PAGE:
“The deliberate stiffness of the film effectively conveys how the reduction of its culture to a mere tourist attraction deprives Laos of its spiritual potential.”
Lois Patiño’s recent Berlinale sensation Samsara (2023) presents Laos as a deeply spiritual destination characterized by profound stillness and transcendental beauty. In his richly textured and carefully composed images, Laos becomes an otherworldly location cut off from the chaotic contemporary world and invites sincere contemplation. On the other hand, Kimi Takesue’s Onlookers, which celebrates its international premiere at Cinéma du Réel, counters this image by providing a more critical portrayal of this incredible country, drawing attention to the commodification of its culture and the continuous influx of western tourists. What emerges from this modest, somewhat repetitive combination of visually striking tableaux is a timely critique of the travel industry and exploitative intercultural exchange. Onlookers may be too restrained to mark a major breakthrough for Takesue, but it deserves attention for both its implications about tourism and, on a broader conceptual level, its exploration of the act of looking.
One of the recurring motifs in Onlookers is the sight of boats, which carry dozens of curious tourists burdened by their absurdly heavy-looking backpacks. These tourists are almost constantly occupied with their phones or cameras, treat the sacred sites around them as picturesque attractions, and don’t seem to have a lot of appreciation for local folks (including many monks in their signature orange robes). Takesue observes the travelers’ behavior in a detached, respectful manner and refrains from mocking or overtly criticizing them. When a tranquil, even venerated lake is (mis)treated like a mere pool by loud children and their parents (who are busy with taking photographs instead of warning their kids), one may even consider the presence of these tourists as some form of invasion or contamination, but Takesue never explicitly states that argument. She films everything from a neutral distance, preferring static long shots, some of which last for several minutes. This approach leaves ample room for the audience to come up with their own interpretations and refuses to limit the imagery in Onlookers to a single prescribed reading.
Takesue devotes considerable screen time to Laotians as well. In addition to the inevitable scenes featuring monks, we see local vendors in a street market and watch daily life unfold in the bustling city center. These images are presented in the same manner as the scenes depicting the tourists’ activities, with the camera remaining fixed from a similar distance. This choice is effective in making the audience aware of their own position as spectators, which is further emphasized with frequent instances of people being filmed (both tourists and Laotians) directly looking at the camera. This acknowledgement of the camera’s presence raises many interesting questions: Who are the onlookers that the title of the film refers to? The tourists are part of it for sure, but the filmmaker herself and we, as the viewers, also participate in a near-obsessive act of image recording and consumption, which is devoid of any spiritual effect or meaning. And perhaps more importantly, what does this act of looking mean in the specific historical, political, and cultural context of Laos? With western tourists watching, experiencing, and occupying a formerly colonized part of Southeast Asia, it is not difficult to attach a postcolonial critique to Takesue’s film even though it never directly deals with history or politics. Additionally, Laos’s status as a relatively isolated socialist state ruled by a communist party complicates this portrayal of apparent integration to the world economy and global tourism even further.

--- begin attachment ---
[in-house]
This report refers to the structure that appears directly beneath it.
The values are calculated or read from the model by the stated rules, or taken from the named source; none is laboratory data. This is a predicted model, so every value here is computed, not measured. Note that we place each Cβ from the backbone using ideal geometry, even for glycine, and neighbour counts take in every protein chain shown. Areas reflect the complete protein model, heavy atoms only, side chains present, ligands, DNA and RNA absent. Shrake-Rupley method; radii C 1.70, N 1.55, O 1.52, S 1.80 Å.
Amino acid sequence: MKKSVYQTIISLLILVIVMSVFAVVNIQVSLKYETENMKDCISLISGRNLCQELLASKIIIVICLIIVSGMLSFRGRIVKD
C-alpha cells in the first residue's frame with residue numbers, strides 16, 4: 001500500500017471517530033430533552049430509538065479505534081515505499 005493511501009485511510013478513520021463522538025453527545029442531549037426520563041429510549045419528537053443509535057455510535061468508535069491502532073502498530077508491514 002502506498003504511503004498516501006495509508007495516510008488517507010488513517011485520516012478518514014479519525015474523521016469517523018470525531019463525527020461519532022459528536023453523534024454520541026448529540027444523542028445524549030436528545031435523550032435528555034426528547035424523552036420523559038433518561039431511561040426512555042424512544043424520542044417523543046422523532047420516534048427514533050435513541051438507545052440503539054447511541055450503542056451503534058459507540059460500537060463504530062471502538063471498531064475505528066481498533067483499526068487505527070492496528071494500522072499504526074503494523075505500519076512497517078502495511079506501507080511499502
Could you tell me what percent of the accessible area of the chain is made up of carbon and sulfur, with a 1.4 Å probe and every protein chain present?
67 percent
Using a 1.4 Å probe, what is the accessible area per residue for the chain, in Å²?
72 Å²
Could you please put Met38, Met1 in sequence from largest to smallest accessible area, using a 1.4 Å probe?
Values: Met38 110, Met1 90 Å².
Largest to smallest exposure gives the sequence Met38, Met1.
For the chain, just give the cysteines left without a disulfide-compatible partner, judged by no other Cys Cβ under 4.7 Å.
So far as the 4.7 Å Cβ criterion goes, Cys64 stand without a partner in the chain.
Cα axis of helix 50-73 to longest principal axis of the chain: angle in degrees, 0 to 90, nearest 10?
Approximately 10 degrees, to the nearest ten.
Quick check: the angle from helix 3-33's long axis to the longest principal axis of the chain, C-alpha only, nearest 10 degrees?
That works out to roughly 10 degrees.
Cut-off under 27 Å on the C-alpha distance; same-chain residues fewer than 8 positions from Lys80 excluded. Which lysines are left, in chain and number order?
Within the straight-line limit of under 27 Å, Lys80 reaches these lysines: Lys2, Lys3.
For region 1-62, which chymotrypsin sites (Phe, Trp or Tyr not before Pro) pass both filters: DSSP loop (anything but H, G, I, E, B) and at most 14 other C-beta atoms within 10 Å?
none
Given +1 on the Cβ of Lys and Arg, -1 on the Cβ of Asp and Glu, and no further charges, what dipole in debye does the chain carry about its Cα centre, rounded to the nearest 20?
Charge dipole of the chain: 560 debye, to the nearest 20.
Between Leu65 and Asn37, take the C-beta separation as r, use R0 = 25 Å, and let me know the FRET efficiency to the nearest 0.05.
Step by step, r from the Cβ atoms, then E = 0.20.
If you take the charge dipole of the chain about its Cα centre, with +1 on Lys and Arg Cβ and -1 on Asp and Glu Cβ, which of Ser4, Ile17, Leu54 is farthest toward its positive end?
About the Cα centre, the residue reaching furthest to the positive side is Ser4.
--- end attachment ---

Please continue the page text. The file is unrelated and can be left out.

While such questions lay the foundations for a fascinating visual essay, Onlookers never really tackles these ideas in a detailed, satisfying manner. A wordless, static series of beautiful photographs is simply not sufficient to fully develop an in-depth exploration of tourism, colonialism, or capitalism. Even with a brief running time of 72 minutes, Onlookers feels oddly stretched and monotonous. It is built on rich ideas, but its execution lacks the expansive scope of Frederick Wiseman’s studies of institutions or the heart-wrenching urgency of Gianfranco Rosi’s documentaries, to name a couple of comparable examples. There is a certain flatness in the way Onlookers is designed and put together. But it must be noted that this is precisely the point; the deliberate stiffness of the film effectively conveys how the reduction of its culture to a mere tourist attraction deprives Laos of its spiritual potential.